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Dantam8 04-15-2011 06:52 AM

Sump pit keeps filling despite no rain
The sump pit in the basement of the house we bought was connected directly to the sewer line, which we recently discovered was a code violation. We disconnected that pipe, and there are two other existing lines out, one to the backyard and one that outlets by the sidewalk in front.

It hasn't rained for a week, but the pit keeps filling and running every five minutes, almost exactly. It is currently discharging to the back yard and it is swampy near the outlet, but it's about 20 feet from the house and down a slope so I don't think it could be seeping back into the footings.

There are three inlets into the sump pit. Only the inlet leading from the back of the house has water coming in, the other two are bone dry.

It seems to me that somehow the water going out is making its way back in, thus the consistent 5-minute interval.

I should also note that there is a high water table in our neighborhood, but the pump didn't run nearly this often when it was discharging directly to the sewer line.

Any advice at what I should be looking at?


AllanJ 04-15-2011 08:03 AM

Underground formations (air pockets) could result in water finding its way back to the house, but there is no way of finding this out easily.

Can you at least temporarily route the sump pump outlet further away to see what happens?

Dantam8 04-15-2011 08:22 AM

We do plan on moving outlet
We are planning on digging a well-type structure filled with rock a little further back in the yard. We're hoping this will mitigate the swampy conditions near the outlet. Maybe it will help with the air pockets you mentioned.

Grampa Bud 04-15-2011 08:22 AM

Definitely make sure the line from the sump to the sewer is capped on the sewer side. You say sewer, but do you have septic or sewer? Either way water every five minutes 24/7 will be a headache. The high water table is probably the reason for your pump running so much, but if you are on city (metered) water; turn off your main valve for 20-30 minutes and see if the pump run time slows down. Older water lines have been known to corrode through and a high pressure leak, before the valve, would have to be looked at by the city. Of course if you are on a well you could shut the well off at the panel for the same time and determine whether you have a leak between the well and the house, underground, the same way.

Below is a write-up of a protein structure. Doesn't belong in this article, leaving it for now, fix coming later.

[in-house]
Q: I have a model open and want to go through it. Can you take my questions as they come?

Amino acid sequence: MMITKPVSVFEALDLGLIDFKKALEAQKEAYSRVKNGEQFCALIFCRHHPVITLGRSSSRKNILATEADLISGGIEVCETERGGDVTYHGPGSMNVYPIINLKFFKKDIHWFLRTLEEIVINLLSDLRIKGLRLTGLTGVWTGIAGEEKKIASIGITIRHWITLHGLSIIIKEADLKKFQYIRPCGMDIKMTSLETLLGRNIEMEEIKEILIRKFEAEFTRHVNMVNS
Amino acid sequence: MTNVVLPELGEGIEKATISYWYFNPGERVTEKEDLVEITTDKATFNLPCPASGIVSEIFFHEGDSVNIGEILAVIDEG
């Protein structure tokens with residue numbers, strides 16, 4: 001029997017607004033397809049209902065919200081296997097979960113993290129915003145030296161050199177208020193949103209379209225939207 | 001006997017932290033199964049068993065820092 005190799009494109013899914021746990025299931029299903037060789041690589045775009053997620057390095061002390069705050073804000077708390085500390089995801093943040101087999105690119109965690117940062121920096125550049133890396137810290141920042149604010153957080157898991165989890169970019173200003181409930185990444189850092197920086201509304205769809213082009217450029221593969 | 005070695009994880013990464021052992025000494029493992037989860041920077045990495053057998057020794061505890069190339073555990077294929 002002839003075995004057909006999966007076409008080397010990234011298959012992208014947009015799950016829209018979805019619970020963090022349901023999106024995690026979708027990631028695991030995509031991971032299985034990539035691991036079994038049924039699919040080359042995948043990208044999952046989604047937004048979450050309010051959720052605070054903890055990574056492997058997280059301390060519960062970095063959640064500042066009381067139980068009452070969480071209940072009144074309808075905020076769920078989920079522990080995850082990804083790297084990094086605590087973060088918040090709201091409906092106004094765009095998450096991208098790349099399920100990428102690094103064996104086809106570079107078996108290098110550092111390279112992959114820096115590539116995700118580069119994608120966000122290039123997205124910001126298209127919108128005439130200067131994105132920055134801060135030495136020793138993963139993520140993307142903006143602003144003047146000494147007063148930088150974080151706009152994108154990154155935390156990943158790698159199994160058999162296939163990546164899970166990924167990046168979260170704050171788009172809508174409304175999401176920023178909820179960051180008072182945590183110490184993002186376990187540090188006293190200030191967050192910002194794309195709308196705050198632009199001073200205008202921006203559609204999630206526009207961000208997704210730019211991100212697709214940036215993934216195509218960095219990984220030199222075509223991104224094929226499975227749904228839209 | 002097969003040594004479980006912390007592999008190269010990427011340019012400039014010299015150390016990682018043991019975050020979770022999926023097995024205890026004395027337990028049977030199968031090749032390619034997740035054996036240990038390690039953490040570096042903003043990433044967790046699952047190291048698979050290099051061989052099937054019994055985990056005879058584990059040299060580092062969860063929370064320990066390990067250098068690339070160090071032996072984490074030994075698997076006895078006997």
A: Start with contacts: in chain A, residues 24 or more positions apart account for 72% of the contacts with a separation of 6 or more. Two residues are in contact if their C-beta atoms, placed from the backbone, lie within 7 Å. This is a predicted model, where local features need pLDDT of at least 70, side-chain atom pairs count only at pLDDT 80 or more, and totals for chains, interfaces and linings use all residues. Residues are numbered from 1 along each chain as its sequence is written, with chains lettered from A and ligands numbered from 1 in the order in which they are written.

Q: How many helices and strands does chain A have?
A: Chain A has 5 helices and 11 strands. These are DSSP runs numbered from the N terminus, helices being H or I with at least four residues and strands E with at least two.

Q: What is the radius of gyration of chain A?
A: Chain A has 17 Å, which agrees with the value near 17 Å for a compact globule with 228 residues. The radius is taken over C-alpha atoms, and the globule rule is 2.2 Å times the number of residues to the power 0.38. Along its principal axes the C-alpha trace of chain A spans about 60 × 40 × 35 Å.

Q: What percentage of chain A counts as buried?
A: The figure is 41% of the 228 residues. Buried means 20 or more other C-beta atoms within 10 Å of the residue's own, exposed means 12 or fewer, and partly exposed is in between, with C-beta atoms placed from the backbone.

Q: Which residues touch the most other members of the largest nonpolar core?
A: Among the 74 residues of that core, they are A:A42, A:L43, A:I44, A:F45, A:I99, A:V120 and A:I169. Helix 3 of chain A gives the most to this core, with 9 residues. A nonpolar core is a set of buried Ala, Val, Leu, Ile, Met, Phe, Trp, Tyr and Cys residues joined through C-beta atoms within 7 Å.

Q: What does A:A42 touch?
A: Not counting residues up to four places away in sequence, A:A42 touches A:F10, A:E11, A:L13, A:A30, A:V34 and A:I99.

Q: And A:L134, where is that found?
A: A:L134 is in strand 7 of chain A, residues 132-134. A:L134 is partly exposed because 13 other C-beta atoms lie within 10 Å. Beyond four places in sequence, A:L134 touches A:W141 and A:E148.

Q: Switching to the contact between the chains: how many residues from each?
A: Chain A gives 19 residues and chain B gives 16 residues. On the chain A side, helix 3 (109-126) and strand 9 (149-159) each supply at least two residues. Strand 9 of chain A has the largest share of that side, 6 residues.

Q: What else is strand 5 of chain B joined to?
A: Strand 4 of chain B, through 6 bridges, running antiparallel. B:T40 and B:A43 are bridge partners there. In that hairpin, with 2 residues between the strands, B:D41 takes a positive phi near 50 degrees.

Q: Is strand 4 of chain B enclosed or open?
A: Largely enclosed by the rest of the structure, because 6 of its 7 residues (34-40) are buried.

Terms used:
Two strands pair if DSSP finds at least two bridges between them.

Dantam8 04-15-2011 09:34 AM

It's the sump pump
I may have used the wrong terminology. I am talking about the pit that takes in rainwater that accumulates around the footings.

I'll try shutting off the water line this morning. Thanks for the advice.

AllanJ 04-15-2011 08:38 PM

The pit just inside or just outside the foundation that collects water from around the foundation is often called a sump pump pit.

A "sump" per se is a low point where liquid is collected and pumped out. It could be a sump pump pit for a building or the reservoir under a recirculating fountain or the oil pan of an engine.

Knucklez 04-16-2011 10:43 PM

4 Attachment(s)
maybe you should do a second test just to verify your theory. disconnect the sump pump from the backyard and redirect somewhere else and watch the sump go dry. if that works then maybe just pick a new spot in your backyard and install an efficient dry pit that works better.

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